If you have one of your x-value predictors in a multiple regression that influences the variance, even if it does not affect the mean, you may not find it in the traditional residual plots. Unless the variance influencing x-value has a strong affect on the mean, its influence will be hidden by the strong x-values that are affecting the mean. Finding these variance-influencing x-values may be one of the most important finds of your entire analysis, because factors that influence the variability are difficult to detect.

The identification of these x-values occurs when you see one of the patterns discussed above for the constant variance case, but it occurs when the residuals are plotted vs. the x-value. If the x-value in question is not a strong predictor of the mean, then the variance effect may never be detected in the standard residual analysis methods. These x-values will not be identified by any other means than by plotting the residual vs. the x-value predictors.

If you find one of these conditions, then you would want to keep the process in the region of lower variance, if possible.

## Summary

Residual analysis is key to accepting a regression output as optimal. The standard residual analysis is very important but may not be fully sufficient. Adding plots of the residuals vs. the x-value predictors will provide an additional dimension to your analysis that may protect you from making a bad conclusion (an extreme x-value) or from missing a key process effect (variance by a x-value). These benefits are big, and the additional effort is nearly zero; you just ask the software to include these charts.

Now, if it was not clear, you should plot these residual vs. x-value predictors for every term considered for the multiple regression. The factors that are not significant for the mean may still be causing errant residual results that you should evaluate before considering the analysis complete.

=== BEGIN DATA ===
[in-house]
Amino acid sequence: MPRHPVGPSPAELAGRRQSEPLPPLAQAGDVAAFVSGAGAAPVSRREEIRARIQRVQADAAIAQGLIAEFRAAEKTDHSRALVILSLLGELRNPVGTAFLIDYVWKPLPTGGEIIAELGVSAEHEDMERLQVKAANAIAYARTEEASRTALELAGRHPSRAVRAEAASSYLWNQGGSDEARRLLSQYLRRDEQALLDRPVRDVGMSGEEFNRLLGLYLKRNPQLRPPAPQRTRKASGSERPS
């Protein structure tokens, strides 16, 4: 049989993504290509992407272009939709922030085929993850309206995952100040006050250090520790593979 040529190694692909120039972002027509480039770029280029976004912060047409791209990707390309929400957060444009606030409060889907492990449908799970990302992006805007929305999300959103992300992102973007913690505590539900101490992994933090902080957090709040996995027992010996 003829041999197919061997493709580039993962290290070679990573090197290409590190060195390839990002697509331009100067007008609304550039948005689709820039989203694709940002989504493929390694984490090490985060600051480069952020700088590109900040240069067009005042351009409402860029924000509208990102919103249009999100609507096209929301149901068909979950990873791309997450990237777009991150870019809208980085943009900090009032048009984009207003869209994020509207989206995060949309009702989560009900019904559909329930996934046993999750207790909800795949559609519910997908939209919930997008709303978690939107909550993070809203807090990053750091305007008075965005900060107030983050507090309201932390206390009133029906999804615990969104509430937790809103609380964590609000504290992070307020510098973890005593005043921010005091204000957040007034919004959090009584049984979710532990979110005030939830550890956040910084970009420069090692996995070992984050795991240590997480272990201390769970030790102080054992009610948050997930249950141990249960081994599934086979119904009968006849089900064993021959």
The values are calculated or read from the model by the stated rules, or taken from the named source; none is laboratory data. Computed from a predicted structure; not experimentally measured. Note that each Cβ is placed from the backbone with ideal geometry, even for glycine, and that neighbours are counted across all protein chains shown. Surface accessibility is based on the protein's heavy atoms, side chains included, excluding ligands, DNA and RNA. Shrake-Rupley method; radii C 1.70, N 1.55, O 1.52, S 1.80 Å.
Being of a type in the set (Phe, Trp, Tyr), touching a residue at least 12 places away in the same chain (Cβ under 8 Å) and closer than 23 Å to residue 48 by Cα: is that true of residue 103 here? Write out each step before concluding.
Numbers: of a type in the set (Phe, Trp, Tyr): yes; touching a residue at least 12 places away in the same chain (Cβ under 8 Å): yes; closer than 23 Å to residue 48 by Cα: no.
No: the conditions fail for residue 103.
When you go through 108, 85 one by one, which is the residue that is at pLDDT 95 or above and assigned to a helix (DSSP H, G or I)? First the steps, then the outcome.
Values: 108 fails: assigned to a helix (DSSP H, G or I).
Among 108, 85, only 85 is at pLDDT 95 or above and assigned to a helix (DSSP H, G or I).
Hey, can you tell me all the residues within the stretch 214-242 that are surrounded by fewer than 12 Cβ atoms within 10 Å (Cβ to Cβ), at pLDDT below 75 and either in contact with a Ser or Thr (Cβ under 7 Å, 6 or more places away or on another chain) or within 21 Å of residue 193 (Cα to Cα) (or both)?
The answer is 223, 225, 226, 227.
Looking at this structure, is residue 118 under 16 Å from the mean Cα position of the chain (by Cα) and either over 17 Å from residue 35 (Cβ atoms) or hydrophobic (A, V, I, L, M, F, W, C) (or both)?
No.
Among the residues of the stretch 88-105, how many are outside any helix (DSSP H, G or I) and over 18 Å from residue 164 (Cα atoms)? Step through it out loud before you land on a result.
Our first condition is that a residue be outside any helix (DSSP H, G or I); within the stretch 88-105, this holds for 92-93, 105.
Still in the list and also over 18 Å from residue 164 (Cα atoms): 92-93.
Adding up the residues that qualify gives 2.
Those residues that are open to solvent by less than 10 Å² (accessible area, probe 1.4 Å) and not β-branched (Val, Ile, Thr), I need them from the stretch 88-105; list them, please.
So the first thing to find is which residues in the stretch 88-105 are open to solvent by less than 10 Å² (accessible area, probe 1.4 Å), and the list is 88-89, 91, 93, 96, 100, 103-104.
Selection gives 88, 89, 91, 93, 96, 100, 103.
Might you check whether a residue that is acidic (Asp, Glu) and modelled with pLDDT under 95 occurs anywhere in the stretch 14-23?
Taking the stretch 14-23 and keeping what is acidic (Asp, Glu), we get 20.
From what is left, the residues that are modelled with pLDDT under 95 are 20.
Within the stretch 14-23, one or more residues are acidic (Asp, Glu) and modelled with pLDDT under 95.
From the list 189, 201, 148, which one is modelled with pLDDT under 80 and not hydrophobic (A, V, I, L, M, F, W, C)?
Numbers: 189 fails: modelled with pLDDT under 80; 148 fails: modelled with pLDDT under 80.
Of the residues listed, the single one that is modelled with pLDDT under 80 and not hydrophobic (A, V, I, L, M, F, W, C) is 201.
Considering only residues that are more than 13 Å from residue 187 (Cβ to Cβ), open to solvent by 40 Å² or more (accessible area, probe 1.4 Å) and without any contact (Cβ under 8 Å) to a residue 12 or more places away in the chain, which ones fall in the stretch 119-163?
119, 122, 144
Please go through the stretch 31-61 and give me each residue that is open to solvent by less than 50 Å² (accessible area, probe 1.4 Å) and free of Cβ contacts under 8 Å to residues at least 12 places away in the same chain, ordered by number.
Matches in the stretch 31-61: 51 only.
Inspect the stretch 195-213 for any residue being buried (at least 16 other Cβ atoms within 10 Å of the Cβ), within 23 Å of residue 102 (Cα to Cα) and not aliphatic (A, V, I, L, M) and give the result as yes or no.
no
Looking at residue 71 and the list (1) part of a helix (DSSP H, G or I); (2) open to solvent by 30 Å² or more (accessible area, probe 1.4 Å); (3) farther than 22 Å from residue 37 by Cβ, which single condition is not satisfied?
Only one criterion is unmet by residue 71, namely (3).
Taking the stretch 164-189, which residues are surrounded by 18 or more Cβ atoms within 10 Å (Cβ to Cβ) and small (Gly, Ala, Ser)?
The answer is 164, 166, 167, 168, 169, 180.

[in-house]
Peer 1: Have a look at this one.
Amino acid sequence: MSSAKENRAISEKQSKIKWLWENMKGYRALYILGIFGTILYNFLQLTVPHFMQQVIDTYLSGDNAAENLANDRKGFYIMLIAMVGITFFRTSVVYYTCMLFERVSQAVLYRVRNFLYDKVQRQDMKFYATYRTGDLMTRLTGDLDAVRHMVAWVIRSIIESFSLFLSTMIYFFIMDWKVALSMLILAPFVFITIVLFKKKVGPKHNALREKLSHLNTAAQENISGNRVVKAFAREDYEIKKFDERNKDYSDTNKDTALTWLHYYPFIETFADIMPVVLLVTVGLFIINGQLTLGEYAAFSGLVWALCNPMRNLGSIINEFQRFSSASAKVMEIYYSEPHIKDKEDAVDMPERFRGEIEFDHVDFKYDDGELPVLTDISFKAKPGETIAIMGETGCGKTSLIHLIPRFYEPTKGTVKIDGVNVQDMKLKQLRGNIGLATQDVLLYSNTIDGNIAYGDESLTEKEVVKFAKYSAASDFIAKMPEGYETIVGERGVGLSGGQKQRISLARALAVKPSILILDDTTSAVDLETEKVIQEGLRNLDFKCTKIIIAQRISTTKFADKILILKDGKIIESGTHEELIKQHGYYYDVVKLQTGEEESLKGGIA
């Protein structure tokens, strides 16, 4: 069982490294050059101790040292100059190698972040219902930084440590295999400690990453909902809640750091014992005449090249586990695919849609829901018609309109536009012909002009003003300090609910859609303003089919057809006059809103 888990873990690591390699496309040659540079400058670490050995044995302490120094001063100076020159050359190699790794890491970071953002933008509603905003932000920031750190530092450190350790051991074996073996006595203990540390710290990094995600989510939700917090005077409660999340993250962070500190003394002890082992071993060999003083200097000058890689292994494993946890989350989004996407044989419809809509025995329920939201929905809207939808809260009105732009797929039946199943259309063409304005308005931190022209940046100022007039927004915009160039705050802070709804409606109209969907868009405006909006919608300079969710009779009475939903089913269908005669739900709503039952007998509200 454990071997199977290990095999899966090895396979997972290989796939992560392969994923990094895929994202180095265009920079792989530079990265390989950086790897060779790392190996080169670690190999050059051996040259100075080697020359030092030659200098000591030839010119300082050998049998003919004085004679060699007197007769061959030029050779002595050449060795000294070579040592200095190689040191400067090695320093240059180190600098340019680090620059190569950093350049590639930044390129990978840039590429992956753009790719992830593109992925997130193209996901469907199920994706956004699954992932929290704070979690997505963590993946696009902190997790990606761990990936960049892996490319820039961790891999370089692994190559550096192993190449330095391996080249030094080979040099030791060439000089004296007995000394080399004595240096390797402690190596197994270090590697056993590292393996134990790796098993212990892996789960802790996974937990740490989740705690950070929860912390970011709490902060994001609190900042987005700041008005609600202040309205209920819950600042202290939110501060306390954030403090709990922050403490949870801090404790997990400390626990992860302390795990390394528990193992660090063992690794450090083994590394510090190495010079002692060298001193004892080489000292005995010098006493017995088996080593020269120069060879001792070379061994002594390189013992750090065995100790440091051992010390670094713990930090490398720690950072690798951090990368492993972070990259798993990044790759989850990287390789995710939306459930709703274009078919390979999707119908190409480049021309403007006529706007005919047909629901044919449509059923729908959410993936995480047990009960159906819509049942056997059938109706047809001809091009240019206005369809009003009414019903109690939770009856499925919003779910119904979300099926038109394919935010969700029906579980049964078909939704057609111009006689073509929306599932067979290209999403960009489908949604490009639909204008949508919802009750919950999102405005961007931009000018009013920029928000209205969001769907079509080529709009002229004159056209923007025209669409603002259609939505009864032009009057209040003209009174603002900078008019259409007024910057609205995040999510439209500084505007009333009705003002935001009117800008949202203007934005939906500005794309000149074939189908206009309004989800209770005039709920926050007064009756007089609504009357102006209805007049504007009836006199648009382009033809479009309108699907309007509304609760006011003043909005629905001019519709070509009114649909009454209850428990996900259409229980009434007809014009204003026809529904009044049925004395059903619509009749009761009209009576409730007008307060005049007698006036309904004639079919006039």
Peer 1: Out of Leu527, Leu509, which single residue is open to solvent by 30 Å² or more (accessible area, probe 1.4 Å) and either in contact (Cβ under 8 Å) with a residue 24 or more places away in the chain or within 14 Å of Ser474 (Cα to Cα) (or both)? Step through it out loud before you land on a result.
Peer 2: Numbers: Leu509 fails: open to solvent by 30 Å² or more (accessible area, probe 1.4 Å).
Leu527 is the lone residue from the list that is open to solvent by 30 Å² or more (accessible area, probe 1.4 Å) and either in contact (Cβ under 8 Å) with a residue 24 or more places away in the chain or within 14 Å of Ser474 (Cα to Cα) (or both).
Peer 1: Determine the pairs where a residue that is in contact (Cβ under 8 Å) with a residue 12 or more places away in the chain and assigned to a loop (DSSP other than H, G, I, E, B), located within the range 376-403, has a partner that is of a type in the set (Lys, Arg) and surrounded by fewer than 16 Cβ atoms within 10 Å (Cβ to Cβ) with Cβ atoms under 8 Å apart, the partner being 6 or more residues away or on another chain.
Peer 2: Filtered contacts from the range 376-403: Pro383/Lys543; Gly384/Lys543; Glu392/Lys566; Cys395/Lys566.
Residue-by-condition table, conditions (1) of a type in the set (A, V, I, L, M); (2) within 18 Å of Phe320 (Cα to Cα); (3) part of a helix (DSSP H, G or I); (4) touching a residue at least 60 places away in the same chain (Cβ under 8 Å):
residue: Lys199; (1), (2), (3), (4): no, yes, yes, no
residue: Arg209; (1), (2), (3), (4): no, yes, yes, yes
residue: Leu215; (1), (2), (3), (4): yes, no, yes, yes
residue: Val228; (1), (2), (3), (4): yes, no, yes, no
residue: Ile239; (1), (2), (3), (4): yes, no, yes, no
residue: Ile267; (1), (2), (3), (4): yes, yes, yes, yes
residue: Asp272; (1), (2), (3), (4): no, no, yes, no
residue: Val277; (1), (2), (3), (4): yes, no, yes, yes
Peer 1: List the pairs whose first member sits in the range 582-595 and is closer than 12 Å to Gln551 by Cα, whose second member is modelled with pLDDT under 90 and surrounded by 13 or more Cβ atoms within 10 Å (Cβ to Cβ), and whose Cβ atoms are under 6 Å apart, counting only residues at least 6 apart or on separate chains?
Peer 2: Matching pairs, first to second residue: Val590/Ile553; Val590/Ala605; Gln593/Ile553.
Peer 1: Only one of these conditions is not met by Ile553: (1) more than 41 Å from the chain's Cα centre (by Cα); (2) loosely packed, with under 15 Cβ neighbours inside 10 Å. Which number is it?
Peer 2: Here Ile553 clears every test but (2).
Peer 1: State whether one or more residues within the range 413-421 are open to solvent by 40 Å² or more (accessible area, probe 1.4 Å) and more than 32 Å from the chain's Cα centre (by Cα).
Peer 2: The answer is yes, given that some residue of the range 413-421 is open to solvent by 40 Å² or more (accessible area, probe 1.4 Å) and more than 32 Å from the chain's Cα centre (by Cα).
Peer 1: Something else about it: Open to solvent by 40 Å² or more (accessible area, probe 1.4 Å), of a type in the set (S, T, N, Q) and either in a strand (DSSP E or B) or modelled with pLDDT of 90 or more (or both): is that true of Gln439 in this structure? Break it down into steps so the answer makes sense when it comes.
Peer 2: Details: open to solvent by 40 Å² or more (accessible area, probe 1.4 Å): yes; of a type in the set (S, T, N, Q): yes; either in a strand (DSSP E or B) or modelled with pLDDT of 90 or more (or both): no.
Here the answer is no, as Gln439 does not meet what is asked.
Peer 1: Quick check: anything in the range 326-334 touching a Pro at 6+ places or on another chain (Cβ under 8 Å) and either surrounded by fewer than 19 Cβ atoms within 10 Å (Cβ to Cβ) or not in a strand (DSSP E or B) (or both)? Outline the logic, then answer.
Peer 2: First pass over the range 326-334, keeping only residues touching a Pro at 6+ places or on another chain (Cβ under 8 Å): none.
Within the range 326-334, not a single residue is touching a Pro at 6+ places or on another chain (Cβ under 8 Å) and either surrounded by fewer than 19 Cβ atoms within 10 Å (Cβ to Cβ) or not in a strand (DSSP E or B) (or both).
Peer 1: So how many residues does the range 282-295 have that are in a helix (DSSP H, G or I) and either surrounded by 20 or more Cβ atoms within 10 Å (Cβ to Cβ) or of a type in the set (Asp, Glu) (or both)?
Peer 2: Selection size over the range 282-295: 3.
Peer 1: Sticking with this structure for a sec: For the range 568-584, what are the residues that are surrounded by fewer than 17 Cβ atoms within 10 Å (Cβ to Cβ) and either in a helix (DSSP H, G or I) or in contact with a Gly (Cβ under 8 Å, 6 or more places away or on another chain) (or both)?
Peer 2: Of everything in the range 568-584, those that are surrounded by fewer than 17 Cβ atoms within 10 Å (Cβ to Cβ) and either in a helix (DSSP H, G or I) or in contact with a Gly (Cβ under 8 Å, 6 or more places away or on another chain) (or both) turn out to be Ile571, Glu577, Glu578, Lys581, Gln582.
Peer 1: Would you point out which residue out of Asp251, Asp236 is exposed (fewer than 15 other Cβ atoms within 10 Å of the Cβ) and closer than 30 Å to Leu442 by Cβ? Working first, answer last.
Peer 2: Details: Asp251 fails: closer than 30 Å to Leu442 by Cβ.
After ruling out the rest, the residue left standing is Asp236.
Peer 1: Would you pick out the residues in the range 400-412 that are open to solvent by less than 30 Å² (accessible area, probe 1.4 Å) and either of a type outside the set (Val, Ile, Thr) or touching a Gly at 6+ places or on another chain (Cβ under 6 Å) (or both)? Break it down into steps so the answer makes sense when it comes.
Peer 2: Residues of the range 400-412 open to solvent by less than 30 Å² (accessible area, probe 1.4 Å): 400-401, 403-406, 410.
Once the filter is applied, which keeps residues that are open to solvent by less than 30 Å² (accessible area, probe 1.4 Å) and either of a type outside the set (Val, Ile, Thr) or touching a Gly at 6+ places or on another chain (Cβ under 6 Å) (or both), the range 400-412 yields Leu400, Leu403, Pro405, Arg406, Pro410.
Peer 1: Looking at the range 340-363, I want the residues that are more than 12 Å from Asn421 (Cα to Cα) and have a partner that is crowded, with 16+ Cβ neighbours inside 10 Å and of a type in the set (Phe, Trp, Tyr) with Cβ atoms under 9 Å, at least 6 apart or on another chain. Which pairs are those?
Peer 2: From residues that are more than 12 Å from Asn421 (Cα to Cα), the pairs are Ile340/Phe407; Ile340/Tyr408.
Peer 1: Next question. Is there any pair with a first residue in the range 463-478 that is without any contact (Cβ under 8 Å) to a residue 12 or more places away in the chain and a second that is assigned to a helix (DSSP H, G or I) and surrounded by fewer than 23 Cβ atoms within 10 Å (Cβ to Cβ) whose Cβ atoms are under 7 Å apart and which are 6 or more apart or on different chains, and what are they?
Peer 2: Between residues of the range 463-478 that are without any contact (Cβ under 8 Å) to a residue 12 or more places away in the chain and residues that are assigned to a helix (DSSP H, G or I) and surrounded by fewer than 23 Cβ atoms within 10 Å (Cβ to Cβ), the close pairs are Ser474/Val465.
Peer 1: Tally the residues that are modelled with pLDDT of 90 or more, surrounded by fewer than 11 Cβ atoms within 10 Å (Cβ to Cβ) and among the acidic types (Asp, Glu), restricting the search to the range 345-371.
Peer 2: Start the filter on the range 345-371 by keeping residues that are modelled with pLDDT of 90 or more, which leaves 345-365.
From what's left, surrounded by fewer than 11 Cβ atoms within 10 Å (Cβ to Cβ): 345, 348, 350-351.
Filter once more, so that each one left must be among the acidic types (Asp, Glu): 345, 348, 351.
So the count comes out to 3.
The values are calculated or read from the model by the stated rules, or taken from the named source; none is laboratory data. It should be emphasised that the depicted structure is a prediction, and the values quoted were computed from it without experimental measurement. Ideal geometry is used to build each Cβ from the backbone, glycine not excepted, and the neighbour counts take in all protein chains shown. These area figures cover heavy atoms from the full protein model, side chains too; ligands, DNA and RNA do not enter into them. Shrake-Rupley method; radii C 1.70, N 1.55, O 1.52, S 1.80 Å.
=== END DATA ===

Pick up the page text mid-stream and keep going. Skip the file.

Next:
Example:

I modified a data set from Integrated Enterprise Excellence V3 that we use in our training classes. Example 28.04.

I took the column C, which is the most significant in the original data set and shifted the decimal point for observation 11 to create factor C2, as shown in bold.

Here is the regression results from the original data:

When I replaced c with c2 in the regression, here is how it changed:

Note that c2 is now non-significant and only A remains significant.

This is the standard residual plot

This all looks fine, but now look at the residual plots by each predictor.

You can clearly see the error in the c2 x-value in that one data point is separated from the rest of the variables. If the residual vs. x-value predictors had not been plotted, you would have assumed that there were very few significant predictors in this regression with possibly A being significant. One error in an x-value for C hid the fact that C and A were very significant.

Think about it.